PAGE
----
I think this is actually a really interesting segue too, in talking about business models, because I’m sure you all have gone through multiple iterations of your offerings, and how you work with people. So, I’d be curious to hear from you all, like how do you know or how did you know the business model that best fit your personality and felt like it was a business model that really lit you up and served you?
[00:14:52] Julien Recoussine: For me, I focused around the activity that I liked doing the best. I went through a pretty standard path. I went – got a college degree, went into the business world. The one place where they always accept people with no real skills, but a lot of enthusiasm to sales, right? I naturally gravitated got interviewed in a newspaper for a writing job. I showed up on that Monday, and they were like, “Here’s a rate card, go sell some ads.” That was essentially the beginning of my official sales career. Then I went through this being a sales rep and being a sales manager and started training some other people.
When I started building my business, I focused around the activity that I love the best. What I loved the best was the mix of being on stage and coaching and mentoring people. It was more satisfying to me to watch somebody else succeed off of my instruction or guidance than it was for me to actually go out and close some of those contracts myself. Most people in sales, your top paid salespeople in a sales organization are not the managers of the trainers, it’s the top salespeople. It’s actually a pay cut to go into leadership, but people do it because either they think it’s the career path or be in my case, because I love that.
So, the model started off of, I just want to do more of this. How do I go find more of doing this? Because this is the piece where I don’t have to pull myself out of bed early in the morning, on a day where I’m training. I set the alarm for six, and I’m wide awake at 5:15 and already geting up and geting ready to go, because I know today is going to be one of the fun days. It’s going to be one of the days where I get to do what I really love. Put me in a room full of like 20 to 150 salespeople and I’m happy. I’m glad that I get paid to do it, but if I’m honest, I probably would do it, even if they didn’t pay me. I just really love that piece of it. I’ve got my model around the portion of the day, the activity, the behavior that I loved doing, but then I just followed it in to find the ability to be able to do that.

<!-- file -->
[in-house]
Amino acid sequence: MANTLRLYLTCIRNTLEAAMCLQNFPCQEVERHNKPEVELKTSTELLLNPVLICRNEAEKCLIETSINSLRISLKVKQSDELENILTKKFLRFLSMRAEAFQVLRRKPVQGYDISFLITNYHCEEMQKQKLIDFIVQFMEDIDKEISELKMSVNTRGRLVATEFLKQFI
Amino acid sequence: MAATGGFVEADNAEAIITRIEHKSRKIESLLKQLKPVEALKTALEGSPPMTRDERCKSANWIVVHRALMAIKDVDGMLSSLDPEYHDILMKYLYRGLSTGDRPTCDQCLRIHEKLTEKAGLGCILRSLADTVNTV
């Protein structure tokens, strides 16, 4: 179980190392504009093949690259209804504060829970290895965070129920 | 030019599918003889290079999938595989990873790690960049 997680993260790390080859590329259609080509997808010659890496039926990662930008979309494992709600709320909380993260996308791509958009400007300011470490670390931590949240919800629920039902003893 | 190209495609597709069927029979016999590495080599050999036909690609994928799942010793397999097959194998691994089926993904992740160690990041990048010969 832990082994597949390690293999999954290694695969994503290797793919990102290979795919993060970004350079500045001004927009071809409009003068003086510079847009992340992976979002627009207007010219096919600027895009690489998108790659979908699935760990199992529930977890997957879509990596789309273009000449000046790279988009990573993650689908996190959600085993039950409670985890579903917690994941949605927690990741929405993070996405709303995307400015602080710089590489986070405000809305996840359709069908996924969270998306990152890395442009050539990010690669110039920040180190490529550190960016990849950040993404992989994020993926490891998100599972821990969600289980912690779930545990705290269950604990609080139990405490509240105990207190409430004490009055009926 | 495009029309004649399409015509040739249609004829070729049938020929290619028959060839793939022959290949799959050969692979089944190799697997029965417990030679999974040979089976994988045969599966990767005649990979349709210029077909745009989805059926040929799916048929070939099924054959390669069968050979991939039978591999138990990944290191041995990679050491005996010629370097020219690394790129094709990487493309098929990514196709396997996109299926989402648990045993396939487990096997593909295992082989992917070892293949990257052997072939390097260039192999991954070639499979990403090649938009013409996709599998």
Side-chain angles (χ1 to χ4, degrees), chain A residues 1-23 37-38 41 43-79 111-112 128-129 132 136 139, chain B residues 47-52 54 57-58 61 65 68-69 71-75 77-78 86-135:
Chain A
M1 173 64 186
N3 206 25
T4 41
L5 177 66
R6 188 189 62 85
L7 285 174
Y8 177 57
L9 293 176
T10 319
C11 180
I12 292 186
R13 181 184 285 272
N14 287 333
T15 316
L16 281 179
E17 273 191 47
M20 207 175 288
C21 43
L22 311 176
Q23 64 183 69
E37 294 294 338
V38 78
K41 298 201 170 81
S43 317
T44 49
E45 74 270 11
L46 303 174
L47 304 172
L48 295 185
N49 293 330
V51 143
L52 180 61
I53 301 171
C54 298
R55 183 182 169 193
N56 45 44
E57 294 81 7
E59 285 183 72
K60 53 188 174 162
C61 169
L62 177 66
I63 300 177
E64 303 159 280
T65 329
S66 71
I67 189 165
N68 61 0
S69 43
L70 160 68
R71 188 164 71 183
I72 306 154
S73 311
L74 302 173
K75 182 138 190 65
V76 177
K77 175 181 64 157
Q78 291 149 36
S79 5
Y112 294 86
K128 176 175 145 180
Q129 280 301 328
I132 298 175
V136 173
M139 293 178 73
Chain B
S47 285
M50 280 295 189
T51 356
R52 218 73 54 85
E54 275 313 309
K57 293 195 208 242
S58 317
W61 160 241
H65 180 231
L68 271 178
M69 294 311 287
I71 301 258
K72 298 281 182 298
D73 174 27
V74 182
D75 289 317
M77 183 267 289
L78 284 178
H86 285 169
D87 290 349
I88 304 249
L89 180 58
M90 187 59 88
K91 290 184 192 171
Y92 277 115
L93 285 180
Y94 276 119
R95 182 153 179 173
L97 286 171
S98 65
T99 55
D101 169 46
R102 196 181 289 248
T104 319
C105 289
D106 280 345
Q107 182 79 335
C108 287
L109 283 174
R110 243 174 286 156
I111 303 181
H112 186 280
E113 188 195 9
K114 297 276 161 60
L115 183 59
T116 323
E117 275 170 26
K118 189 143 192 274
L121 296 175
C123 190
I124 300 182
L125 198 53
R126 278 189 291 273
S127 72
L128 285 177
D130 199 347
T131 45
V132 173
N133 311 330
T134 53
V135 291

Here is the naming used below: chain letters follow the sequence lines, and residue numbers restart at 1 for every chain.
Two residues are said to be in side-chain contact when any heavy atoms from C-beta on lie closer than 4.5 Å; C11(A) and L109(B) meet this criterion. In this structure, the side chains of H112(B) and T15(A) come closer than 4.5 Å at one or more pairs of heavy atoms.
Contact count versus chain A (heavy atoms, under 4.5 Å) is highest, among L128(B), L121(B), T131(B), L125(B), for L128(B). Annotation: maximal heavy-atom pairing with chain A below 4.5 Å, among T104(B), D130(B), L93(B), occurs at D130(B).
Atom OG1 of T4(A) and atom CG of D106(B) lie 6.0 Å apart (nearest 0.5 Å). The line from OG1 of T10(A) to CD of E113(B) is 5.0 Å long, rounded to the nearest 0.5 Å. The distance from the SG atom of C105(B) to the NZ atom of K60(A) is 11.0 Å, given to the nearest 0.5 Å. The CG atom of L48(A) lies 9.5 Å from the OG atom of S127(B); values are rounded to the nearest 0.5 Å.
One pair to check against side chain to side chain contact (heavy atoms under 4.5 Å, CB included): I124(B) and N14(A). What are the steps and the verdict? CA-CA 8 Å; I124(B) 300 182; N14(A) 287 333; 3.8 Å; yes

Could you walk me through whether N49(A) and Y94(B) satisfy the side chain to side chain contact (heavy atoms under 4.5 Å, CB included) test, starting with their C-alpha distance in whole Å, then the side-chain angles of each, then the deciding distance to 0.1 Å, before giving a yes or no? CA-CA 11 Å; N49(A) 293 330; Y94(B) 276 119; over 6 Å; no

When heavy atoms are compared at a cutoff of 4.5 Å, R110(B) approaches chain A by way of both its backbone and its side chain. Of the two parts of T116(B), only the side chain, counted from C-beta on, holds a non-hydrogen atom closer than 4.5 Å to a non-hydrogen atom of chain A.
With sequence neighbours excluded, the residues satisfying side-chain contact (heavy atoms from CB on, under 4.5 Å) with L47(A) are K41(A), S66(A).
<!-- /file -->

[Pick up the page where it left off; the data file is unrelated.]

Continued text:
[00:16:36] Veronica Yanhs: Okay, so for me, yeah. It’s been a journey. This last iteration where I burned my business to the ground has been my most successful iteration yet. I started in the startup world, because going to school at Stanford, and being in Silicon Valley, all that good stuff like, I saw what it was like to hustle and most importantly, to grind like grinding was a badge of honor. Then that just never felt right to me. Then I was like, how do I go into and see I’m a storyteller. So how do I go into business for myself without having to sacrifice my integrity, again, my freedom like grinding 12, 15, 16 hours a day? It’s not me. Then I discovered the online business world, which apparently is something that’s really foreign to a lot of people.
The first thing that I saw, because I bought into all of this was like, oh, build something once like an eCourse and sell it over and over again to like limitless financial potential, right? You build it once, and you don’t have a ceiling as to how much money you can make. When I followed those things, that the influencers back then told me, I was like, I realized that things felt really transactional. I’ve tried the eCourse, I’ve tried the membership sites, and nothing ever felt fulfilling, like it just felt super transactional. I would rather have just refunded people their money.
Then one day, I took this thing called the Gallup Strengths Finder, a strengths assessment thing. Apparently, according to the results, my number one skill, my number one strength is this thing called relator. Meaning I can build and crave meaningful and deep relationships and can build those rather quickly to be able to build relationships, one on one with people. To make things understandable that relation part, I was like oh, maybe this is where I will shine is instead of these models, where it’s one to many, it’s one to one for me. It’s according to the internet, business influencers and people who have made it big, it’s like the worst business model, because it’s the least scalable, but at the same time, it’s well, I’m fulfilled, and I’m really happy. I get to build those relationships with clients. To me, it’s always been quality over quantity. That’s why I have my business model the way I do right now.
We’re adding different areas of revenue streams, of course, so it’s not all eggs in one basket, but the main moneymaker, the main offer we have are all one-on-one work, because that’s what fulfills me.
[00:18:54] Julien Recoussine: Hey, I want to point out one thing,  call attention to one thing that Veronica said, because I think it’s an essential shift in this journey, which is going from selling your time to selling your expertise, when you can make the transition from trading hours for dollars, to trading knowledge or expertise for hours, that’s the first step to free yourself from this rat race. So that Veronica can plan around what that expertise is not just an hour of her time, and that was the – a lot of people make that scalable first step that she described, I’ve had a lot of pressure to put online courses and stuff like that. So far, I’ve resisted it, I think coming from the same place Veronica, right. It’s like, okay, but that’s not as much fun as actually getting to interact with people, right? Yeah, I sold a video today compared to, yay I’m in a training today.